The Hangover

“The Hangover”, so called because the house ‘hangs over’ the John’s River Gorge, is a wood-lover’s dream.  Built on a framework of solid steel beams with concrete pillars and micro piles driven 15 feet into the bedrock, the custom woodwork in the house is all reclaimed – the wormy chestnut from old barns in Ashe County, and the heart pine floors, ceiling, beam, doors and wainscoting from an 18th Century house in Speed, North Carolina that was damaged by Union troops during the Civil War.  

You’ll enter through the large wormy chestnut doors into the welcome of a mountain-style great room.  Notice the heart pine floors and ceiling, and wormy chestnut cabinets flanking the stone fireplace.  Through an archway is the kitchen, with marble countertops, stone backsplash, and wormy chestnut ceiling and box beams.  When the wormy chestnut slates for the shutters were delivered to the company assembling them, workers were surprised that homeowners Hodge and Jean Kitchin had chosen wood with holes in it, and had to be stopped from filling them in with wood putty!

The soaring back deck overlooks the gorge; its herringbone pattered floor is made of Ipe wood from Brazil, known for its strength and durability.  Also on the main floor is the master suite with gas log fireplace and antique mantle from an 18th Century eastern Carolina farmhouse.  The bath has a heated travertine floor and Jacuzzi tub with a view of the gorge.  And take a peek into the master closet – the cedar ceiling, drawer liners, and wall behind the hanging clothing is cut from an ancient cedar tree – damaged in a tornado – that Hodge loved to climb as a boy.

As you descend the stairs to the lower floor, look for the curly pine on the landing.  That rare wood is repeated on the top of the full-size bar in the Man Cave, where you’ll find more reclaimed heart pine and a turn-of-the-century pool table.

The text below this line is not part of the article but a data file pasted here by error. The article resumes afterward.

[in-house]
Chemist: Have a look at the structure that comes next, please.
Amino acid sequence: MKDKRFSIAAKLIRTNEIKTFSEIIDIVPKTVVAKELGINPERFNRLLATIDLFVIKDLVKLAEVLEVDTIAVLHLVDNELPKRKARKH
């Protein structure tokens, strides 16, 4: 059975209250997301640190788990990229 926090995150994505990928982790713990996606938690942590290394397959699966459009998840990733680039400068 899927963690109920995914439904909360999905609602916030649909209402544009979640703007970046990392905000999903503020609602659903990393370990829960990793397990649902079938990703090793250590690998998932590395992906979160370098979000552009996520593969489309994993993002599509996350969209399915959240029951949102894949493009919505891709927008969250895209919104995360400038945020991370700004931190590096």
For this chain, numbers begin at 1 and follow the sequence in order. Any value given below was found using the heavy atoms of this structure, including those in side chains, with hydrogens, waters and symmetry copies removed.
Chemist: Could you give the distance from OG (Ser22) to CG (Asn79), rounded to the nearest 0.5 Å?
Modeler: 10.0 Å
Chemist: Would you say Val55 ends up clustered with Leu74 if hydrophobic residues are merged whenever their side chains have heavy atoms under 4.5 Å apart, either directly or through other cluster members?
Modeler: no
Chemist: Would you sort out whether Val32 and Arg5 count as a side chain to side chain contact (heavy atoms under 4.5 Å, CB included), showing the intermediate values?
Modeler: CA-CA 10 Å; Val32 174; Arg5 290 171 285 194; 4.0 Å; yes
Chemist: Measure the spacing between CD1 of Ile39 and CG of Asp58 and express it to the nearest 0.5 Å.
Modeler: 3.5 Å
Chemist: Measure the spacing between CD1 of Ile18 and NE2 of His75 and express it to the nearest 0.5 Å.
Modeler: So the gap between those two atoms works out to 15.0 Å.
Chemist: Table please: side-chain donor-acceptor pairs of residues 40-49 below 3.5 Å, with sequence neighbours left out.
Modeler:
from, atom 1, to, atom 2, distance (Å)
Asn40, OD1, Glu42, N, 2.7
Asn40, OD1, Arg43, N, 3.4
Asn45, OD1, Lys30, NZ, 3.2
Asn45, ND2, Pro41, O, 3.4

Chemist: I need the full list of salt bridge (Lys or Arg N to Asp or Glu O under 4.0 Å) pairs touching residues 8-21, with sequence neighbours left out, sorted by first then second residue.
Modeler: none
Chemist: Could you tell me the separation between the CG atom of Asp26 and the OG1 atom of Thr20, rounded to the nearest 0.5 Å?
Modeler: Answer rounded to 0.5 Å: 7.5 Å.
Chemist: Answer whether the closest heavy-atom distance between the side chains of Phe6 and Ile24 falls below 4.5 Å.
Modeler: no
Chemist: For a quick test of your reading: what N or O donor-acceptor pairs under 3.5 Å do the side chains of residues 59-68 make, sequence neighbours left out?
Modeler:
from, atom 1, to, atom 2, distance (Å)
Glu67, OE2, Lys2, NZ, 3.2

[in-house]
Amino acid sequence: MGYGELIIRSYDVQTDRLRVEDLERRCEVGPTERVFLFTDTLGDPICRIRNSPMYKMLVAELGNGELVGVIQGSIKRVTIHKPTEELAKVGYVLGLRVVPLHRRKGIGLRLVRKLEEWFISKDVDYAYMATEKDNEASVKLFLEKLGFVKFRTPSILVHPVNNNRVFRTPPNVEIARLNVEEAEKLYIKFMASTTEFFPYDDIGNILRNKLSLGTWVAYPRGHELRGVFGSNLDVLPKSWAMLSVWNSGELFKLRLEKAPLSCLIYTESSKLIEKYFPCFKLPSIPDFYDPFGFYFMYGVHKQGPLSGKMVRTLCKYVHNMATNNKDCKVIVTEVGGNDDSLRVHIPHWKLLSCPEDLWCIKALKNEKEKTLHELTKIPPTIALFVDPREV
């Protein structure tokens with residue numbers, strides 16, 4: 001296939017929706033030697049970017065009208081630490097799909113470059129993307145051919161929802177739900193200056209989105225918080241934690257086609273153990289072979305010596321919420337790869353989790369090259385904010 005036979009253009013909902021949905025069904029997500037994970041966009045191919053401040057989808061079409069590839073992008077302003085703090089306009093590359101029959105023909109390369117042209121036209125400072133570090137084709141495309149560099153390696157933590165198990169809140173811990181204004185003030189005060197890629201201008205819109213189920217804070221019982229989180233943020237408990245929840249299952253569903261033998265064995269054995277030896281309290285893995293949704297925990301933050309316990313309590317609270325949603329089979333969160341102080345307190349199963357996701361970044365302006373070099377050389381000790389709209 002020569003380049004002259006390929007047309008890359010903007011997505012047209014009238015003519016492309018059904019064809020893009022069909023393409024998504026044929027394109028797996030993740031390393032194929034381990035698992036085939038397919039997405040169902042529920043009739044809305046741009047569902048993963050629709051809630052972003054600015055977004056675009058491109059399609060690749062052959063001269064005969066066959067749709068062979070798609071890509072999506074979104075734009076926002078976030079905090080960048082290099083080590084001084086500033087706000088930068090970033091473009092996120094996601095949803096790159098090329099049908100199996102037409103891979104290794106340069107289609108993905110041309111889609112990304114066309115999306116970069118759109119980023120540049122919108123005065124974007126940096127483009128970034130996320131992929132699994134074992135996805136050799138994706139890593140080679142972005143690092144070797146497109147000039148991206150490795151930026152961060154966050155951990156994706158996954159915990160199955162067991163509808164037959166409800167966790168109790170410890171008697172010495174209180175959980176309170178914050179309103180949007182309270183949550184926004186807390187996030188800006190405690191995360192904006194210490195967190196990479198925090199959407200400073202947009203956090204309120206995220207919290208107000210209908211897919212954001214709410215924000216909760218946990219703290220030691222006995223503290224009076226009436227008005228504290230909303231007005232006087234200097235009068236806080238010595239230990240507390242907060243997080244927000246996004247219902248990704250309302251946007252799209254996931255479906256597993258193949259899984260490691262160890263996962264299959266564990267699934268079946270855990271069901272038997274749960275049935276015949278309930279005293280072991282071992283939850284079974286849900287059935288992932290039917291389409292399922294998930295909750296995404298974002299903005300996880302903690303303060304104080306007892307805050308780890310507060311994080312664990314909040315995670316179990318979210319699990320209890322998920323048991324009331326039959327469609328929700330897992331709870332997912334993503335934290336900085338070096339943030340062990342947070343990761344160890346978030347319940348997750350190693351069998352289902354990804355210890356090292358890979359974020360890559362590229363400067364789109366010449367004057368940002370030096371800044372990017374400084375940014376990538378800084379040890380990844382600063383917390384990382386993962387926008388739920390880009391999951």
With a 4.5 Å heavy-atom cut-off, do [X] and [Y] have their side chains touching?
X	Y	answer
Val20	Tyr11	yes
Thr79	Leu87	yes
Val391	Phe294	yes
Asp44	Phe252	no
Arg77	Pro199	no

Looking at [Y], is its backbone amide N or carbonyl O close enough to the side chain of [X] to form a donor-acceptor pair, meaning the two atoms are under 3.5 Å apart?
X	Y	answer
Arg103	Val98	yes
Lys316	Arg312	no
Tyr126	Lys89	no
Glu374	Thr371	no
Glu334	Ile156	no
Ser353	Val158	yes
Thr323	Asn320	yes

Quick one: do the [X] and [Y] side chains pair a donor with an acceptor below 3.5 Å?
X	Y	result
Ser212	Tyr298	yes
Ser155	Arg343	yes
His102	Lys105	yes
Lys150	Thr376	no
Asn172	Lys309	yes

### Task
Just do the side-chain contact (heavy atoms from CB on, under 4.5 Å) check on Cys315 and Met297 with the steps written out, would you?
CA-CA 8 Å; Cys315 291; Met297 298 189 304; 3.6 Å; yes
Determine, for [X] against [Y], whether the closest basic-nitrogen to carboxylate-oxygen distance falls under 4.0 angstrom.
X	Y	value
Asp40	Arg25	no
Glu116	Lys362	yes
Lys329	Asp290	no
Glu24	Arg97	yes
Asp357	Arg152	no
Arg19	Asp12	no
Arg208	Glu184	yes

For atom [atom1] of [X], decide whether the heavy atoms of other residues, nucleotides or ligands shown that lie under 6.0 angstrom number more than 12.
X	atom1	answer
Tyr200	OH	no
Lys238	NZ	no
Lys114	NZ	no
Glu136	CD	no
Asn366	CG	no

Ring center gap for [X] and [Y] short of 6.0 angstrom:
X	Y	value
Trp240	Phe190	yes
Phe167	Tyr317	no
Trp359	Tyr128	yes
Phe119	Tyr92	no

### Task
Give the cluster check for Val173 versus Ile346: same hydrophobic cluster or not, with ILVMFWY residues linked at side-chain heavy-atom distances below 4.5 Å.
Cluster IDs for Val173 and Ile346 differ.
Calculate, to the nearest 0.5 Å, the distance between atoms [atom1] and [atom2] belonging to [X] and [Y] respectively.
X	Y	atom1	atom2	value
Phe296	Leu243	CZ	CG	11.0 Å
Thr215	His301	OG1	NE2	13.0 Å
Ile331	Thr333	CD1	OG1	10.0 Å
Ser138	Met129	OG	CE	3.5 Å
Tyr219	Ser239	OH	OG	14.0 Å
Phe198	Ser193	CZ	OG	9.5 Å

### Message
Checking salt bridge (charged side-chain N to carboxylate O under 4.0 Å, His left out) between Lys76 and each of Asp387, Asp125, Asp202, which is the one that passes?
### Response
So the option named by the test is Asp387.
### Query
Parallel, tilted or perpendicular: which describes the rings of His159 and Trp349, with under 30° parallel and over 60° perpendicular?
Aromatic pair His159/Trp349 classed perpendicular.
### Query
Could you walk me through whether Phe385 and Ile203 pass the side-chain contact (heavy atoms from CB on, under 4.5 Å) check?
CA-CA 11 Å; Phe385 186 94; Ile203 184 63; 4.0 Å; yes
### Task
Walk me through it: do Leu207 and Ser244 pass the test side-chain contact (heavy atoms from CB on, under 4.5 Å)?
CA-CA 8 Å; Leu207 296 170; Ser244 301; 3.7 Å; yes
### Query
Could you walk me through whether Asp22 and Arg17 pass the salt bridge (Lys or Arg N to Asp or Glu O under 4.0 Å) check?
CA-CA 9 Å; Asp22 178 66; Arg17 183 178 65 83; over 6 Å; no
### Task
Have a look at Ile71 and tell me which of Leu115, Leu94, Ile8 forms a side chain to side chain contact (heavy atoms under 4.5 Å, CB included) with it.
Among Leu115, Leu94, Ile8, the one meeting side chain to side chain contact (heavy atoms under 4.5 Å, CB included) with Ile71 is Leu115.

The most unusual feature of the home is the wine cellar – the 10′ high solid teak doors are from a 300-year-old palace in India and weigh over 2,000 pounds!  They were lifted into the steel framework of the house, which was then built around them, and the hinges were handmade by Hodge himself to support their massive weight.  Look on the interior side for the spikes (now hammered down for safety) designed to keep elephants within the palace grounds!

Barrett House

Renovated just in time for the 2020 lock-down, this cottage-style house invites the Barretts’ extended family to come home to the mountains.  The entryway powder room features grass cloth wallpaper by Jim Thompson.  To your left is a bright oil painting of Masai herdsmen, commissioned by the Barretts during a visit to Kenya.  There are dark stained oak floors and white-painted ship-lap walls everywhere, lending a relaxed, calm feeling to every room. The upstairs Family Room is filled with family photographs and overlooks the treetops and long-range Blue Ridge views – views shared by the adjoining guest room.  The Family Room is open to the kitchen and breakfast nook, which leads onto a covered orchard stone deck with an outdoor kitchen, stone fireplace, and large seating area.

Behind an elegant butler’s pantry with walnut cabinets is the dining room, which features the first of the family’s collection of ‘Willie Art’ (paintings by a locally-famous Boone street artist) which you’ll find throughout the house.   The bespoke dining table is topped by wormy chestnut reclaimed from an Ashe County barn. Past the wine cellar and through the book nook, you’ll find the master bedroom.  There’s a gas log stone fireplace, cross stitch completed by Tina Barrett as a young woman, and a bronze statue of the family’s former dog, “Goldie”, by the late Alex Hallmark, a local sculptor.

Downstairs harkens back to Tina’s days as a working cowgirl on a western cattle ranch – beginning with the collection of family cowboy boots at the foot of the stairs. Past her sewing room – clearly organized for the quilting projects she has planned for ‘someday’ – is the Bunk Room for the Barrett grandchildren…bunks, storage cupboards, and shower rooms designated for ‘Heifers’ and ‘Steers’. Exit through the TV nook onto a covered porch, where you’ll find rocking chairs and sofa-sized swings, a convertible ping-pong/picnic/pool table, cornhole and other family games, and a downstairs sitting room and two more adjoining guest rooms for the family’s ‘middle generation’!